The number of people seeking unemployment benefits fell last week, indicating that layoffs remain at unusually low levels and the job market is moving closer to full health. Weekly applications for jobless aid dropped 12,000 to a seasonally adjusted 267,000, the Labor Department said Thursday, near 15-year lows reached two months ago. Applications, a proxy for layoffs, have remained below 300,000, a historically low level, for 15 weeks. The number of people receiving unemployment benefits fell 50,000 to 2.22 million, down 14% over the past year.

Another sign that the economy is rebounding: more people are having babies. The number of births among women ages 15 to 44 ticked up by 1% from 2013 to 2014, to 3.98 million births. That’s the first increase since 2007, the beginning of the recession, according to a study released Wednesday by the National Center for Health Statistics. The 3.98 million total births in 2014 was most since 2010.

The mainland Chinese stock market, which had gained more than 150% in a year’s time, prompting bubble warnings, seems to be deflating, as shares dipped 13.3% this week. The popular China index, popular with newbie investors in China, many who are buying stocks with borrowed money to amp up returns, tumbled 306.99 points, or 6.4%.

Greece couldn’t get a debt deal with Europe. So it went to Russia and signed a controversial gas deal instead. There’s still time for Greece to avoid the financial abyss — European leaders meet again Monday — but it wants to show it has other options. Officials agreed Friday to build a pipeline that would bring Russian gas through Greece and into western Europe, Russian state media reported.

The European Central Bank pumped more emergency cash into Greek banks Friday, keeping them afloat while politicians try one last time to keep the country solvent. European finance officials failed Thursday to strike a deal to release the remainder of Greece’s 240 billion euro ($272 billion) bailout fund, bringing the country one step closer to a default and potential exit from the Eurozone.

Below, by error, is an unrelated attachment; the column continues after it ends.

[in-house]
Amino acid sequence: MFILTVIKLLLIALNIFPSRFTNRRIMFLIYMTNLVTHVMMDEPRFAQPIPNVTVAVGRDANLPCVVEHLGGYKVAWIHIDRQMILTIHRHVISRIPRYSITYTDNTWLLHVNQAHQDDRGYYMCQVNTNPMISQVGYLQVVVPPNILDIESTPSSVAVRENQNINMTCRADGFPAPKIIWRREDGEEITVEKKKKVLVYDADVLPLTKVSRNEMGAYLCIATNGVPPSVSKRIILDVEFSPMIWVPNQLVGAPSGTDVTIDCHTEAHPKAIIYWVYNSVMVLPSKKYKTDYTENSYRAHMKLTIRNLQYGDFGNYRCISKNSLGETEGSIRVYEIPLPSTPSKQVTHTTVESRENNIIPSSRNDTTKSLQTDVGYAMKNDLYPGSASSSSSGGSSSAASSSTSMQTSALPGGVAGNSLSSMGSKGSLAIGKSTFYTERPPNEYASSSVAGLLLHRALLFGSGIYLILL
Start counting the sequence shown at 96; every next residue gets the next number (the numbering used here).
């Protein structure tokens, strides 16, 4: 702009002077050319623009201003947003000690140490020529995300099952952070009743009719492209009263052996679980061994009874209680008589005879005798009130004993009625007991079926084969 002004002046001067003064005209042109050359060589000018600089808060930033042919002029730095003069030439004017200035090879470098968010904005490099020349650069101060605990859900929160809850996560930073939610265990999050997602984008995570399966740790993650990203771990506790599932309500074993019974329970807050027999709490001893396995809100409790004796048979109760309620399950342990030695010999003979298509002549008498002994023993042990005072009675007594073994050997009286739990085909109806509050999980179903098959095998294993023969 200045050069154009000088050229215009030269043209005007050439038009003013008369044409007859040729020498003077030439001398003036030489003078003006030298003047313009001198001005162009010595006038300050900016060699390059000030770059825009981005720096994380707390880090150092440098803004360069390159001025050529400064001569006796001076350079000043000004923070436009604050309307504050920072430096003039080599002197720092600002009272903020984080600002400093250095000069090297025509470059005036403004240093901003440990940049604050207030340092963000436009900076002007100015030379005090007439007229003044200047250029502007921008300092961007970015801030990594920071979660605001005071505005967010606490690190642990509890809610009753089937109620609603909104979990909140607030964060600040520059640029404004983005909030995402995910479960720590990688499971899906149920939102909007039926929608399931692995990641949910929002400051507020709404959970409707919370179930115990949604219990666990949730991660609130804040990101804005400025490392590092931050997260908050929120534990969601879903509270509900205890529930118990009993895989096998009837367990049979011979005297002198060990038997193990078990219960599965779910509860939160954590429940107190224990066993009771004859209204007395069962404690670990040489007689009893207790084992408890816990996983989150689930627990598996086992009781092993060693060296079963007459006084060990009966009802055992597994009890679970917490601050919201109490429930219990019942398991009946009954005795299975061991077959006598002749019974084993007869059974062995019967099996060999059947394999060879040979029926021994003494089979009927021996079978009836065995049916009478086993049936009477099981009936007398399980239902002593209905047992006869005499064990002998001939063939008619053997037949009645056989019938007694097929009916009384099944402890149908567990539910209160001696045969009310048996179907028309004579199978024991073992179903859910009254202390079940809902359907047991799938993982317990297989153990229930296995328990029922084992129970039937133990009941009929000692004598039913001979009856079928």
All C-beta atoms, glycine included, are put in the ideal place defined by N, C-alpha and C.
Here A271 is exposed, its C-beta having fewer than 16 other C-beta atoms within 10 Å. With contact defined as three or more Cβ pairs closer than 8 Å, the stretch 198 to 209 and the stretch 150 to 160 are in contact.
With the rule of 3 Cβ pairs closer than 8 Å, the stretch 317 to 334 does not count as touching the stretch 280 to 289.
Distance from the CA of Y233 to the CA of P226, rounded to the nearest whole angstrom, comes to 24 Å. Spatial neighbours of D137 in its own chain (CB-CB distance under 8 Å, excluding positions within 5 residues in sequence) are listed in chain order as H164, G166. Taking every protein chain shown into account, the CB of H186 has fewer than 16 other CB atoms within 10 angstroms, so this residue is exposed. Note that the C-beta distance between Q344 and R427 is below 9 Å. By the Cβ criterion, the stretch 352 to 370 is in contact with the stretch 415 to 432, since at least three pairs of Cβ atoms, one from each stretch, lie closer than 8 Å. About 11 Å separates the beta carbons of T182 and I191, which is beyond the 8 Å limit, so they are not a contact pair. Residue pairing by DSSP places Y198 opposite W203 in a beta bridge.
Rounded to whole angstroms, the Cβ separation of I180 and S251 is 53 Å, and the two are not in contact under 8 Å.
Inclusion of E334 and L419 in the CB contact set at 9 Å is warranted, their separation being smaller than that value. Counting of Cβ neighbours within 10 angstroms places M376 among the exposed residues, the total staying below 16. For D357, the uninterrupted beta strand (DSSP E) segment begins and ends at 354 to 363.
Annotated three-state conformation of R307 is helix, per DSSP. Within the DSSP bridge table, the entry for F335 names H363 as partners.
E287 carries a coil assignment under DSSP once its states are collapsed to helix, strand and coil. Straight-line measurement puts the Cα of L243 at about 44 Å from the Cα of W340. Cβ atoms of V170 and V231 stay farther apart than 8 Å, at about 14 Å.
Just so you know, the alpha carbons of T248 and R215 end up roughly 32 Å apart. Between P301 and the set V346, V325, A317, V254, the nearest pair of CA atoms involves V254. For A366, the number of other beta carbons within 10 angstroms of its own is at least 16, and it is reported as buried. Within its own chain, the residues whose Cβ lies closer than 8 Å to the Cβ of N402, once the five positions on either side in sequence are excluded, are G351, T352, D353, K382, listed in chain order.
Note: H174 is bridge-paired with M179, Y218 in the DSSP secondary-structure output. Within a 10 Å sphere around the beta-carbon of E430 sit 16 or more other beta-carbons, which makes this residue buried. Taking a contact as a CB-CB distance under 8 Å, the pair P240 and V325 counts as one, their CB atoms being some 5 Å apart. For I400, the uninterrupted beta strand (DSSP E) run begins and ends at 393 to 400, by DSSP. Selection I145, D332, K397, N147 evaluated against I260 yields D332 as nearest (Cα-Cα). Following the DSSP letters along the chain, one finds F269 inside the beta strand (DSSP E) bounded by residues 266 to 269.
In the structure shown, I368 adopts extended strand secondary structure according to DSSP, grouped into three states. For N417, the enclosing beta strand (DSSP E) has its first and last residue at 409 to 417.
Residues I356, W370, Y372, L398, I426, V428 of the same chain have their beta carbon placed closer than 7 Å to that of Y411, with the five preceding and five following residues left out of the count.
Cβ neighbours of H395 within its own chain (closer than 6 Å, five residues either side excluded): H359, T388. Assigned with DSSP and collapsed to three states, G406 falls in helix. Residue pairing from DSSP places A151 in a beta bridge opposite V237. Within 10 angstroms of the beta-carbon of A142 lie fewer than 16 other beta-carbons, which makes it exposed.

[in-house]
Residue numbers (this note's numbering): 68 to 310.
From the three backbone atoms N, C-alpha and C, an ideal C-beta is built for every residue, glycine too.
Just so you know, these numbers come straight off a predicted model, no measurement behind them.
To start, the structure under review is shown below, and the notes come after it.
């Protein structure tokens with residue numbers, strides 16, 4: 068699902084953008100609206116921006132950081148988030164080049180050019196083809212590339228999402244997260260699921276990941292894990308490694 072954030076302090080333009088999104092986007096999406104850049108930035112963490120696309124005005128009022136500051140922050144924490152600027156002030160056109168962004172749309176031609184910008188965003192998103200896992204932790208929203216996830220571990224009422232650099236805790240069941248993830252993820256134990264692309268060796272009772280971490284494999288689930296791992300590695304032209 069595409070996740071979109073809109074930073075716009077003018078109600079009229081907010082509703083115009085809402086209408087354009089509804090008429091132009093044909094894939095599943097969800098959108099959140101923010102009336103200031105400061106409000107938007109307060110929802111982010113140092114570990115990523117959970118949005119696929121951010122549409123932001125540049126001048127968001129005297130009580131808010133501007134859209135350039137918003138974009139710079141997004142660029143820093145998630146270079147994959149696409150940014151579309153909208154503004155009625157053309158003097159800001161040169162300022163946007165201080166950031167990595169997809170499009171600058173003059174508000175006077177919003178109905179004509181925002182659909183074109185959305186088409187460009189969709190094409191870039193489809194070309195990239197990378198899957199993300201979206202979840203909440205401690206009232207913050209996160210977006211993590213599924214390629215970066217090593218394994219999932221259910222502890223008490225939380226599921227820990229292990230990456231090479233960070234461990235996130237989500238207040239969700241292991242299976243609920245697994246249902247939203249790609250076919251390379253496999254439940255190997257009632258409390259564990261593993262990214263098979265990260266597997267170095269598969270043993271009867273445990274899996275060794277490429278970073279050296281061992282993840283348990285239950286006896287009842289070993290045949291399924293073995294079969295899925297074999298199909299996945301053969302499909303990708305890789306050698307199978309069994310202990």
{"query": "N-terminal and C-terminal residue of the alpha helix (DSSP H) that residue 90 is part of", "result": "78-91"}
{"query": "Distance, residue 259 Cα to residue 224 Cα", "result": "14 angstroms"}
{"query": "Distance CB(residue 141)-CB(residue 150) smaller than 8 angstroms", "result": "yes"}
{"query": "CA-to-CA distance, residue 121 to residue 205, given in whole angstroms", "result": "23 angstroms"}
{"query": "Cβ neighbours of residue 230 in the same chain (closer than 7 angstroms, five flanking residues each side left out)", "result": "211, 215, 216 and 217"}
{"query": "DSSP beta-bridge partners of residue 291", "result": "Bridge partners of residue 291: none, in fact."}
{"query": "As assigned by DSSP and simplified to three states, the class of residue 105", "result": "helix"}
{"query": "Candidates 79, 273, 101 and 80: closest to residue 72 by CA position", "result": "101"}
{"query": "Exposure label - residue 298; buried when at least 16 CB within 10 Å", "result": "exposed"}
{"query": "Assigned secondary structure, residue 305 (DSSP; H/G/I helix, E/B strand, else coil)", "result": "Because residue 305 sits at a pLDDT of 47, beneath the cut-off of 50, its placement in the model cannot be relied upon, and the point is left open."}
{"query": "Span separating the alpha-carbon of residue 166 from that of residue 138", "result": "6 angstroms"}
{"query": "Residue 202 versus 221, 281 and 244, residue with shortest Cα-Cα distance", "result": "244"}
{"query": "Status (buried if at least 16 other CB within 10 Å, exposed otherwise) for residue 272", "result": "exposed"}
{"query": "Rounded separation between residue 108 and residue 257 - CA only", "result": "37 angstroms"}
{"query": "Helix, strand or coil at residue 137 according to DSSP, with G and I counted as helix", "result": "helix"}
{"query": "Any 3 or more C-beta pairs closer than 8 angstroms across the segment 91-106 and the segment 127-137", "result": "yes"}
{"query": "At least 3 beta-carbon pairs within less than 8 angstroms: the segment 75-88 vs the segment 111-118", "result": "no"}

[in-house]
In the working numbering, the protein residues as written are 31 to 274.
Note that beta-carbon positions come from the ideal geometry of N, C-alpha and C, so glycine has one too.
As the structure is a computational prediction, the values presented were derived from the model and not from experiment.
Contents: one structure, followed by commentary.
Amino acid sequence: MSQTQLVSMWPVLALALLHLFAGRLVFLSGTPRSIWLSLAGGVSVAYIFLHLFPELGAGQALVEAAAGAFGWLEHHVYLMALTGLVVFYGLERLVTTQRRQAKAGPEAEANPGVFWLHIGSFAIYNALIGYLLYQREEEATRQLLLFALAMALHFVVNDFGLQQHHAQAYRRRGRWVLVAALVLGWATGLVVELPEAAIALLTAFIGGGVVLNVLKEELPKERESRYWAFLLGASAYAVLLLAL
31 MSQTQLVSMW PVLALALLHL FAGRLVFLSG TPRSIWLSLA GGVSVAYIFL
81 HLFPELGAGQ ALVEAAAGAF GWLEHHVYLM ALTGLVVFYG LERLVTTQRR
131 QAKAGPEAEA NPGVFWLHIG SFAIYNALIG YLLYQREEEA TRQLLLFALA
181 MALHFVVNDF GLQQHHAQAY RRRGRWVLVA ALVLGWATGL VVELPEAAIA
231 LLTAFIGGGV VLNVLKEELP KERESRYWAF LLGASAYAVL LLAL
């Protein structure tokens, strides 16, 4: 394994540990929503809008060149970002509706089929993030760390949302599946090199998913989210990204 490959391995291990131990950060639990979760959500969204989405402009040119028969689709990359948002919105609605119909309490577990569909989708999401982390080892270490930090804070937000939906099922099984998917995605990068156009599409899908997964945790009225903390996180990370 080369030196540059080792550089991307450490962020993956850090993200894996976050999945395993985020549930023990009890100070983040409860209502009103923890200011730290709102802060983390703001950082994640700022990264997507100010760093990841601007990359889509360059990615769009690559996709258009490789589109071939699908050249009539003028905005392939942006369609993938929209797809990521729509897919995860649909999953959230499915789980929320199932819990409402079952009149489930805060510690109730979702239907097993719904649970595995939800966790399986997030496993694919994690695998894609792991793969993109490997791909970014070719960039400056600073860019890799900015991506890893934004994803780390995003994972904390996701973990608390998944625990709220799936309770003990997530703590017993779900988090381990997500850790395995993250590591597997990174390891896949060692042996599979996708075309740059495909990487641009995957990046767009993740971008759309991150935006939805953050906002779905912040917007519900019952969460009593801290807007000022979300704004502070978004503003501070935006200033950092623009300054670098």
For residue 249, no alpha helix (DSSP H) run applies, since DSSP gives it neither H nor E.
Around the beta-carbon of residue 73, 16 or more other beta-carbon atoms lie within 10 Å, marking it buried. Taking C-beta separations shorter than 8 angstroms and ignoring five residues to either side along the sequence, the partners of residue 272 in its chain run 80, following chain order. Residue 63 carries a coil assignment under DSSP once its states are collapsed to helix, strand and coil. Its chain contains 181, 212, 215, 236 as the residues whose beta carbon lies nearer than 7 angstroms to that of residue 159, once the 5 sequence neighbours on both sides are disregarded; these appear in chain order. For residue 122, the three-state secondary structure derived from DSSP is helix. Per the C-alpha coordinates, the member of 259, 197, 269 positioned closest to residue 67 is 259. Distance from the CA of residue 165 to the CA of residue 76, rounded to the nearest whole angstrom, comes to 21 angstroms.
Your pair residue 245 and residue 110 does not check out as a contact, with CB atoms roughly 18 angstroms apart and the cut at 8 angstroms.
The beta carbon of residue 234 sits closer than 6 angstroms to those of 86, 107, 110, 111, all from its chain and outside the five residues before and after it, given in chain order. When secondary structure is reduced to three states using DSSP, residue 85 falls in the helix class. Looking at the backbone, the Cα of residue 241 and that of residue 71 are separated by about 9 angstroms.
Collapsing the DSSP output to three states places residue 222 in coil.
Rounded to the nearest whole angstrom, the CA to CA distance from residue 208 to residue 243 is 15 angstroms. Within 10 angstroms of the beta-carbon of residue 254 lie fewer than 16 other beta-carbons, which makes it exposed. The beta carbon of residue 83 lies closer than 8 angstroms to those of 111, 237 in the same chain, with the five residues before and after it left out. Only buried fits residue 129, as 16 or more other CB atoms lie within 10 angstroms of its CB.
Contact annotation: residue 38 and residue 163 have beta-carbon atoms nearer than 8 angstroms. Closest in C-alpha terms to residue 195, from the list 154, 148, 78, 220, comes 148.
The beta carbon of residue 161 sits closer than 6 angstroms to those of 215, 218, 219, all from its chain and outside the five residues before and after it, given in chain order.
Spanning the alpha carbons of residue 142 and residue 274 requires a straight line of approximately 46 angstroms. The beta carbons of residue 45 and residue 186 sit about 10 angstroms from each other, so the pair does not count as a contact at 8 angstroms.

Middle East

Israeli Druze are demanding help to protect Druze in Syria. Rebel factions, including jihadist elements, have surrounded the Druze border town of Hader near the Israeli border, although Israeli Druze leaders have said they do not want to evacuate the village’s residents, even those who are wounded to Israel, but would prefer that the US step in to protect them. The intensifying violence on the northern side of Israel’s border with Syria and the threat of a spillover into Lebanon has the full attention of the government, according to a report to the Knesset by Prime Minister Benjamin Netanyahu on Wednesday. “We are vigilantly following all that is being done along our borders, and my instruction is to take all action necessary.” The Druze religion has its roots in Ismailism, a religio-philosophical movement which founded the Fatimid Caliphate in Egypt in the tenth century. During the reign of al-Hakim (996 – 1021) the Druze creed came into being, blending Islamic monotheism with Greek philosophy and Hindu influences.


Medical officials have raised the toll from Saudi-led airstrikes on a convoy of civilians fleeing the fighting in southern Yemen to 31, making it among the deadliest single attacks since the air campaign began nearly three months ago. The attack took place early Wednesday in the northern outskirts of the southern port city of Aden, which has seen months of intense fighting between Shiite Houthi rebels and their Sunni opponents. Officials say those killed were families carrying food and personal belongings, fleeing north in a convoy of vehicles, including a bus carrying 16 passengers. The Saudi-led coalition launched an air campaign against the Iran-backed Houthis in late March.


The central African country of Chad conducted airstrikes against Boko Haram sites in neighboring Nigeria on Wednesday and announced it has banned burqas, the head-to-toe garment worn by some Muslim women, after twin bombings earlier this week by veiled attackers. The Chad army and security forces hit Boko Haram bases and related sites, according to a government statement, destroying six bases and killing several militants. Prime Minister Kalzeube Payimi Deubet announced the burqa ban Wednesday after as many as 23 people were killed Monday in the capital, N’Djamena, in two attacks. The four veiled attackers were also killed, and more than 100 people were wounded.

At least 23 people were killed in Nigeria when a Boko Haram bomb that was confiscated by vigilantes exploded. The BBC reports the vigilantes had been celebrating a successful mission against the terrorist group when the bomb detonated. The incident appears to have been accidental.

Dominican Republic